Nancy Armour, USA TODAY
Published 2:05 p.m. ET June 16, 2019 | Updated 11:09 p.m. ET June 16, 2019
SportsPulse: Anyone who thought the USWNT would simmer down after their celebration controversy they have a message for you: There’s no stopping them. USA TODAY Sports’ Nancy Armour breaks down the Americans’ win over Chile.
PARIS — The U.S. women are here to make a statement. On the field, to their opponents and, yes, even to those critics back home.
Carli Lloyd’s golf clap after the first of her two goals Sunday was the team’s way of saying they have no interest in acting like the “proper little ladies” some expect them to be. The 3-0 victory against Chile might not have looked as lopsided as that rout of Thailand, but they didn’t dial it back or tone it down one iota.
They’re the best team in the world and make no apologies for it, and if someone doesn’t like the way they celebrate, well, that sounds like somebody else’s problem.
“That this group is really fun and likes to have fun with each other,” Becky Sauerbrunn said when asked about the message behind Lloyd’s golf clap. “And likes to have fun with the public, as well.”
Everything in these first two World Cup games has been about the Americans building momentum and building cohesion. Only 14 players on the 23-woman team can play in any game, and there is a danger as the tournament goes along that those buried deep on the bench won’t be as engaged or feel as connected.
But there’s no telling when they might be called upon, so the challenge is to keep everyone invested.
That is what the celebrations in Tuesday night’s rout of Thailand were about. Making every person feel as if she is a vital part of the team, whether she gets on the field or not. The golf clap was something the entire team had agreed upon – Lloyd gave credit to Lindsey Horan for the initial idea – and Lloyd followed it by going to the sidelines and slapping with all of the bench players.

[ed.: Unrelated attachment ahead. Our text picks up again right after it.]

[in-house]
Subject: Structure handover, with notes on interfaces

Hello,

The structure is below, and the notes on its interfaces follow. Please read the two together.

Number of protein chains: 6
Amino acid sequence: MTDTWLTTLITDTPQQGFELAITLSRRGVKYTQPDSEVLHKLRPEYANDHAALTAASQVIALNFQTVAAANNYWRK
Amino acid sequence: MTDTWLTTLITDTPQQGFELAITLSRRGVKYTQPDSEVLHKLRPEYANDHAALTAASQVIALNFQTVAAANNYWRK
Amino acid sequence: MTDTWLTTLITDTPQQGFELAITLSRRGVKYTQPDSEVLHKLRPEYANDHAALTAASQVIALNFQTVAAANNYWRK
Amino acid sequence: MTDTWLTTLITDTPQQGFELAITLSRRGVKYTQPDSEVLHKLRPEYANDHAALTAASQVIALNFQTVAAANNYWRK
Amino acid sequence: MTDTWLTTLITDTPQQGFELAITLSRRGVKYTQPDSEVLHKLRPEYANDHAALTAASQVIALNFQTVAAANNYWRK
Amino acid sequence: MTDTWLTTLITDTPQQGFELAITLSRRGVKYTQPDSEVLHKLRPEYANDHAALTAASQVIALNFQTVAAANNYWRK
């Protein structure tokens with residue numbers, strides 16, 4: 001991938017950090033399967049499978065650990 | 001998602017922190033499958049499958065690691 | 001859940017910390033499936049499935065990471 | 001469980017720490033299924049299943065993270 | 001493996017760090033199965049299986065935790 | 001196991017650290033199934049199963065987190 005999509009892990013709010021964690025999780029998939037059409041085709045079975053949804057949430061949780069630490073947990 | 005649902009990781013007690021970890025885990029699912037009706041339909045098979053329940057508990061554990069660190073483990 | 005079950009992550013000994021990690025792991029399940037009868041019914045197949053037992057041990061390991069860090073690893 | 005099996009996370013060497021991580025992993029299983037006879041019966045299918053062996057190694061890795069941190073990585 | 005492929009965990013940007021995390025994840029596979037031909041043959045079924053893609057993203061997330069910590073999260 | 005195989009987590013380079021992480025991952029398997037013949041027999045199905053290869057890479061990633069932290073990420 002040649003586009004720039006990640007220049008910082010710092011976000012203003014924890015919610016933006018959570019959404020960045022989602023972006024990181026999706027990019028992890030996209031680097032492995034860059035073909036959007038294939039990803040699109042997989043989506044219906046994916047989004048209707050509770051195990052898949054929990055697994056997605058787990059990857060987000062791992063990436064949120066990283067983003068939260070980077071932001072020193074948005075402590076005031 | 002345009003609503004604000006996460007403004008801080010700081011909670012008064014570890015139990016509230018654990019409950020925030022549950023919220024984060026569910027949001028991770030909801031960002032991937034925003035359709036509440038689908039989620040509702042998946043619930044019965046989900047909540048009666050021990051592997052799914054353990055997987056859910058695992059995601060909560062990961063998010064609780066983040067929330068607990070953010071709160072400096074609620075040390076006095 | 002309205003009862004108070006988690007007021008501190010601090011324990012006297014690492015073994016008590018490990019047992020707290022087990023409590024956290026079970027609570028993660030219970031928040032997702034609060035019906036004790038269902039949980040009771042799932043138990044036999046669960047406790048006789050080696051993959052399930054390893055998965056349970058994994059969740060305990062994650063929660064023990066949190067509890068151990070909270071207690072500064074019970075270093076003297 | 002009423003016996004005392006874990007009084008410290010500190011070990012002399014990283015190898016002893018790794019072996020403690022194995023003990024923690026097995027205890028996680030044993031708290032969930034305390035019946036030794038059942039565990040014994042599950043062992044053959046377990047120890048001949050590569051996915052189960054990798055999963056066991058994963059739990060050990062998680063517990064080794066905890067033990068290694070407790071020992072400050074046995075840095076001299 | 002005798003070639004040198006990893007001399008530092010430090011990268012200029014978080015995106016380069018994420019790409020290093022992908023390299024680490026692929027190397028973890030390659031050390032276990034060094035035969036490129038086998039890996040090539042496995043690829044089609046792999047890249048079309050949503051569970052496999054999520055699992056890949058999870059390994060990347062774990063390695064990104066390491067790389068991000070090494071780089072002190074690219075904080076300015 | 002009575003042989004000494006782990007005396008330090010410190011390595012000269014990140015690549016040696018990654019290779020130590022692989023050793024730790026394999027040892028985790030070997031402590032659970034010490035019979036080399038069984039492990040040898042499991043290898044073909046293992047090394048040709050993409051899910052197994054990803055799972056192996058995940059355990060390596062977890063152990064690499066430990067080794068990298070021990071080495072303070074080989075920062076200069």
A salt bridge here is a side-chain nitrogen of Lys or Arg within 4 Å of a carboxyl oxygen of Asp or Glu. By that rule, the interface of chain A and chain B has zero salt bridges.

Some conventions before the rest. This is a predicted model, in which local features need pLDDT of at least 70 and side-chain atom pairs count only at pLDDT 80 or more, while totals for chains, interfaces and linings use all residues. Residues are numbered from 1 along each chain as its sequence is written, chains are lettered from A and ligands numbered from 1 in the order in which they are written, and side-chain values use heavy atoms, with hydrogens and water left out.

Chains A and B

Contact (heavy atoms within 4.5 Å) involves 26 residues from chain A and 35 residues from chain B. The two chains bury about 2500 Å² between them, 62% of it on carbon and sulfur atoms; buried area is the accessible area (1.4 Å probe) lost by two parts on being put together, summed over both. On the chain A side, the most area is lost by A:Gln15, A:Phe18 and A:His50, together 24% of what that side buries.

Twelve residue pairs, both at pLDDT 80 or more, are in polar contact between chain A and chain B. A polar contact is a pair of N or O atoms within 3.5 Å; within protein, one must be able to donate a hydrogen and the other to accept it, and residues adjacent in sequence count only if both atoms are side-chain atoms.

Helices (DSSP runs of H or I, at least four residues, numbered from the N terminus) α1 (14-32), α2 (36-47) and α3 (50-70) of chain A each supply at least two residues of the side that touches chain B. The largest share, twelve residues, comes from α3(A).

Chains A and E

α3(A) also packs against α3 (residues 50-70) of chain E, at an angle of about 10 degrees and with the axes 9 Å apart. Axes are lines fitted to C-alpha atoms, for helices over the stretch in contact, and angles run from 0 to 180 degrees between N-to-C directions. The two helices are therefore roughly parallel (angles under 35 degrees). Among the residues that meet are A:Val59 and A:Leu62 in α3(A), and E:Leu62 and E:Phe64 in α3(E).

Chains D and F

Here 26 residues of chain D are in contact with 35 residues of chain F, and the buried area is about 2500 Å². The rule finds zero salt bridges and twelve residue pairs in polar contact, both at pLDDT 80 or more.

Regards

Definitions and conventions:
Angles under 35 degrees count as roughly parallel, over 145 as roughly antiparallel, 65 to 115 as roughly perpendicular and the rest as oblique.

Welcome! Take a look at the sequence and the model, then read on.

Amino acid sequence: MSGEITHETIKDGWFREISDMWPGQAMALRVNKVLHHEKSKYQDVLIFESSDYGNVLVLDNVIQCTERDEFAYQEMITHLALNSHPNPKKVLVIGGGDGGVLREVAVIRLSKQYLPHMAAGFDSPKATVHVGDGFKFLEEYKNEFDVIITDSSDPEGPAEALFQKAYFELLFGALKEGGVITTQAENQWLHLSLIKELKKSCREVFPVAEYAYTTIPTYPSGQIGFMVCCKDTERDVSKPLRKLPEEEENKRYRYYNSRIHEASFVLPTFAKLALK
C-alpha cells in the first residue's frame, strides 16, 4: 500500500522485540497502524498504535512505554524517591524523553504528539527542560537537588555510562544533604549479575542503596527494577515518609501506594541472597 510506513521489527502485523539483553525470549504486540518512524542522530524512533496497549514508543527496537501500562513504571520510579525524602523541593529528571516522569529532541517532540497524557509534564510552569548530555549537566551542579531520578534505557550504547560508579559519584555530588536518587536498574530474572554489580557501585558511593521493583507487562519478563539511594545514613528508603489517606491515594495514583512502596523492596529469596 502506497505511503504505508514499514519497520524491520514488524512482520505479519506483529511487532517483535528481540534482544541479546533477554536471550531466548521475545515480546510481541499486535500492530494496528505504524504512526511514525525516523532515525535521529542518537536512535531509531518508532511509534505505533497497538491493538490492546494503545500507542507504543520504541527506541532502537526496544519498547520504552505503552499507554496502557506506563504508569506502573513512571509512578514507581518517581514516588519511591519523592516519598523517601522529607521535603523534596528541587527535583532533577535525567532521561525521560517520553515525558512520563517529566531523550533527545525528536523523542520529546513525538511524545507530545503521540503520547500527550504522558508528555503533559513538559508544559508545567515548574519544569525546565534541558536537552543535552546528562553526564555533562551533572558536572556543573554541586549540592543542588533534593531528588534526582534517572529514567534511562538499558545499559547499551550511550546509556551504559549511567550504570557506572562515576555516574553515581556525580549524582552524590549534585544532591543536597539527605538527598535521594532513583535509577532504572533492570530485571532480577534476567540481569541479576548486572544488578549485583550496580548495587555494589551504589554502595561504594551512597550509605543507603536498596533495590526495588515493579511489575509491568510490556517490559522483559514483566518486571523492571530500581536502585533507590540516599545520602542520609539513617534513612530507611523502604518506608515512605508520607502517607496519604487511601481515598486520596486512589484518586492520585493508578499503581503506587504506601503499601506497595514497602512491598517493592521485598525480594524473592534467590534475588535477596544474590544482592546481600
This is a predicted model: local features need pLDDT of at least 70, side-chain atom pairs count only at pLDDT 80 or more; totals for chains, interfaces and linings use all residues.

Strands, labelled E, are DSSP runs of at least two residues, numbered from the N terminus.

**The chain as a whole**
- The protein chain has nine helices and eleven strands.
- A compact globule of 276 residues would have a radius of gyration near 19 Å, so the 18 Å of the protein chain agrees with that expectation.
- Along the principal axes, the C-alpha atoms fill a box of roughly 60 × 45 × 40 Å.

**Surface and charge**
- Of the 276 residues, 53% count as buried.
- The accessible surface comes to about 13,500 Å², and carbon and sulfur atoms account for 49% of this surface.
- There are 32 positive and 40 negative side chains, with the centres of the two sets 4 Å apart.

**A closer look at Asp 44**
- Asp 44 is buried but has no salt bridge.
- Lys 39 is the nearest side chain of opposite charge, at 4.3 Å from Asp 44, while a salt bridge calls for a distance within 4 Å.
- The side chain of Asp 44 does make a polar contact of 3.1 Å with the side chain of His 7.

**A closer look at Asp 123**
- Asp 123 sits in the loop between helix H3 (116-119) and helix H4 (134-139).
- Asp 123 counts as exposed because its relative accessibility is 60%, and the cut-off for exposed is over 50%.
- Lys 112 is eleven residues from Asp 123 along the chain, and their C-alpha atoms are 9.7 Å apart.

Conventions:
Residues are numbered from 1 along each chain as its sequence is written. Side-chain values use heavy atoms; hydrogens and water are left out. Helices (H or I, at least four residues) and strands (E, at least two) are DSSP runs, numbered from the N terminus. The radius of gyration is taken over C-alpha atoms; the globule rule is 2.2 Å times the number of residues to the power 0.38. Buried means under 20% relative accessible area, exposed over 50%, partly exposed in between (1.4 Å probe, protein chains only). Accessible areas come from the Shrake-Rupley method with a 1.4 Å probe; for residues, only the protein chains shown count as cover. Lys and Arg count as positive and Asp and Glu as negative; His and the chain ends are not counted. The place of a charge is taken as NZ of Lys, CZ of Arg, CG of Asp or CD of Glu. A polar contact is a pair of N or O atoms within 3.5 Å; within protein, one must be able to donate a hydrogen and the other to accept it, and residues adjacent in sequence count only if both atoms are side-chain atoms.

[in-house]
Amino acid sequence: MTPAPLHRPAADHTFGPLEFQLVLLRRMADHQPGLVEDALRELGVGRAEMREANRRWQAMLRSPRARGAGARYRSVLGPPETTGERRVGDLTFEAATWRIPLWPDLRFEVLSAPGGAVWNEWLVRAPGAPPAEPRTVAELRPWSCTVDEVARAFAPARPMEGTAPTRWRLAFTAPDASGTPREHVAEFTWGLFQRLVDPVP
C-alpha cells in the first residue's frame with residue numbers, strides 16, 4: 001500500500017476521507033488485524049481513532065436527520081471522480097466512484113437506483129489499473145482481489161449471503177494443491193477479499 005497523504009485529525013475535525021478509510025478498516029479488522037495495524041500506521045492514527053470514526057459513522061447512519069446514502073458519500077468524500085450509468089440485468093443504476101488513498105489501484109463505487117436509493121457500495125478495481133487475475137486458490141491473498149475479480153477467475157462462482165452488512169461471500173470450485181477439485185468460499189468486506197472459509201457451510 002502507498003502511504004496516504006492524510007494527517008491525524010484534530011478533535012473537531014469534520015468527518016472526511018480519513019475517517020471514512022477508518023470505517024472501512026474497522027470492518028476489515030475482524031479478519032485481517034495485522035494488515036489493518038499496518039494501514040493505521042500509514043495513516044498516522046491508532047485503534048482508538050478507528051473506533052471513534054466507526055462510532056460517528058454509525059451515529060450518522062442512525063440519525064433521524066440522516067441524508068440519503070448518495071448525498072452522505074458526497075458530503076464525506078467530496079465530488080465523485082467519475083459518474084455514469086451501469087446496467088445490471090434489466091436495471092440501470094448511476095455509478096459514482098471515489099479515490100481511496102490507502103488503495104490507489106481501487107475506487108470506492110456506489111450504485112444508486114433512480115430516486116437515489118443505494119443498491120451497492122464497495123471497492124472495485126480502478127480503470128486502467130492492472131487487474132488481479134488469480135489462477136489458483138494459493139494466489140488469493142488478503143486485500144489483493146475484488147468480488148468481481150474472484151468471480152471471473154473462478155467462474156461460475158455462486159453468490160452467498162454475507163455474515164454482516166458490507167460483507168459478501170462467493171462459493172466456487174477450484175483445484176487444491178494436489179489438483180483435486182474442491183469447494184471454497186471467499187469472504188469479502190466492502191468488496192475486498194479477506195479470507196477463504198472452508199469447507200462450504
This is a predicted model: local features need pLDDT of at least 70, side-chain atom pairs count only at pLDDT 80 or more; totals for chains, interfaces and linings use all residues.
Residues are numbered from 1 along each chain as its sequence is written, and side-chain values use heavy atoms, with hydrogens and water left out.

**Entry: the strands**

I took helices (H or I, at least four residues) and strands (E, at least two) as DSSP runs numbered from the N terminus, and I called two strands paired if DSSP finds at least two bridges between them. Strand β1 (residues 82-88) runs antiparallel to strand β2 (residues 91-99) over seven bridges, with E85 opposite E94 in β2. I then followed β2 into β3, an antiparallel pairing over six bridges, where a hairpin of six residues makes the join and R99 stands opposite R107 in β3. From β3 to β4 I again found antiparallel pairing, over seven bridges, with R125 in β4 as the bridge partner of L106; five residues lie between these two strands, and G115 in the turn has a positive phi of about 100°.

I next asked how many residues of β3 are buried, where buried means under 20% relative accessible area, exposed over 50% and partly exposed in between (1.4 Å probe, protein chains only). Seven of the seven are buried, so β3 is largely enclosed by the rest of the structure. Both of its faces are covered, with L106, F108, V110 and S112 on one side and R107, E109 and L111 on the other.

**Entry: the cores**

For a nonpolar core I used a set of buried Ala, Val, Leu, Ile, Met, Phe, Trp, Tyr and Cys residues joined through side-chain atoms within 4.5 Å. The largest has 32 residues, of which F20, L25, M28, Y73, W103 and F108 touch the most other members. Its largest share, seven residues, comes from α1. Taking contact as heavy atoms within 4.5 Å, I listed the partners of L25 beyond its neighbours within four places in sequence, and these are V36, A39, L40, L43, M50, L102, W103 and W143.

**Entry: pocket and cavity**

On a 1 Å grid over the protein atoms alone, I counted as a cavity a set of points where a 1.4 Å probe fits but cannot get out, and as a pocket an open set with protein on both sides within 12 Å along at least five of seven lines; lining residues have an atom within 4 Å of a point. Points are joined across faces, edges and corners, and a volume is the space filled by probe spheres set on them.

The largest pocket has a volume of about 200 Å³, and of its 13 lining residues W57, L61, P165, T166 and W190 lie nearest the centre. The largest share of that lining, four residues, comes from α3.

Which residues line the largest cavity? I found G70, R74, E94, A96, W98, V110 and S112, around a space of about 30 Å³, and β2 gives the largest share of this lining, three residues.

Julie Ertz did the same after her goal.
“It takes all 23 players. It takes the entire roster to ultimately lift this trophy,” said Lloyd, who became the first player to score a goal in six consecutive World Cup games. “We’ve obviously been on the bench supporting the starting group and then vice versa today. It’s just fun, fun to share in the goal celebrations.
“A lot of players on the bench are in my corner, and to go over to them and share in that moment is just really special.”
That cohesion, that all-in mentality is also why coach Jill Ellis basically turned over her entire lineup for the game against Chile. Ellis started seven new players, and brought Jess McDonald, Allie Long and Emily Sonnett in as substitutes.
That means, after the first two games, all 20 of the field players have now gotten playing time. That’s practically unheard of at a World Cup, let alone to have it occur in the first two games.
“Just more momentum,” Ellis said. “The energy that that creates. You can talk about the football on the pitch but you can also talk about how a team feels. … In terms of building momentum, now every single one of them has got the butterflies out of the way. And they know that trust is there. That’s a huge part from a coach, to be able to show that trust in the biggest stage of these players’ careers.”
And the speed and ferocity with which all of the Americans played should not go unnoticed by the rest of the field.
No, it wasn’t a rout. But the only thing that stopped it from being another laugher was Chile goalkeeper Christiane Endler, who was spectacular and very deservedly named player of the match.
Endler held the Americans scoreless in the second half despite being peppered with 14 shots, all but two of which were from inside the box. She made three or four spectacular saves, including a kick save on a dart by Horan. She also tipped a Christen Press shot from close range over the cross bar, one of several frustrations for Press.
But the fact they did not come away with any goals in the second half does not change the fact that they’re going to be full throttle and in your face for 90 minutes.
“It’s very much a part of our identity,” Sauerbrunn said. “I don’t think we hide that, at all, the way that we play. Defenders are getting forward, forwards are scoring lots of goals, we’re putting balls in the box, we’re getting into the box a variety of ways. We’re very much an attacking side.”
A full-throated clap for that.
Follow USA TODAY Sports columnist Nancy Armour on Twitter @nrarmour.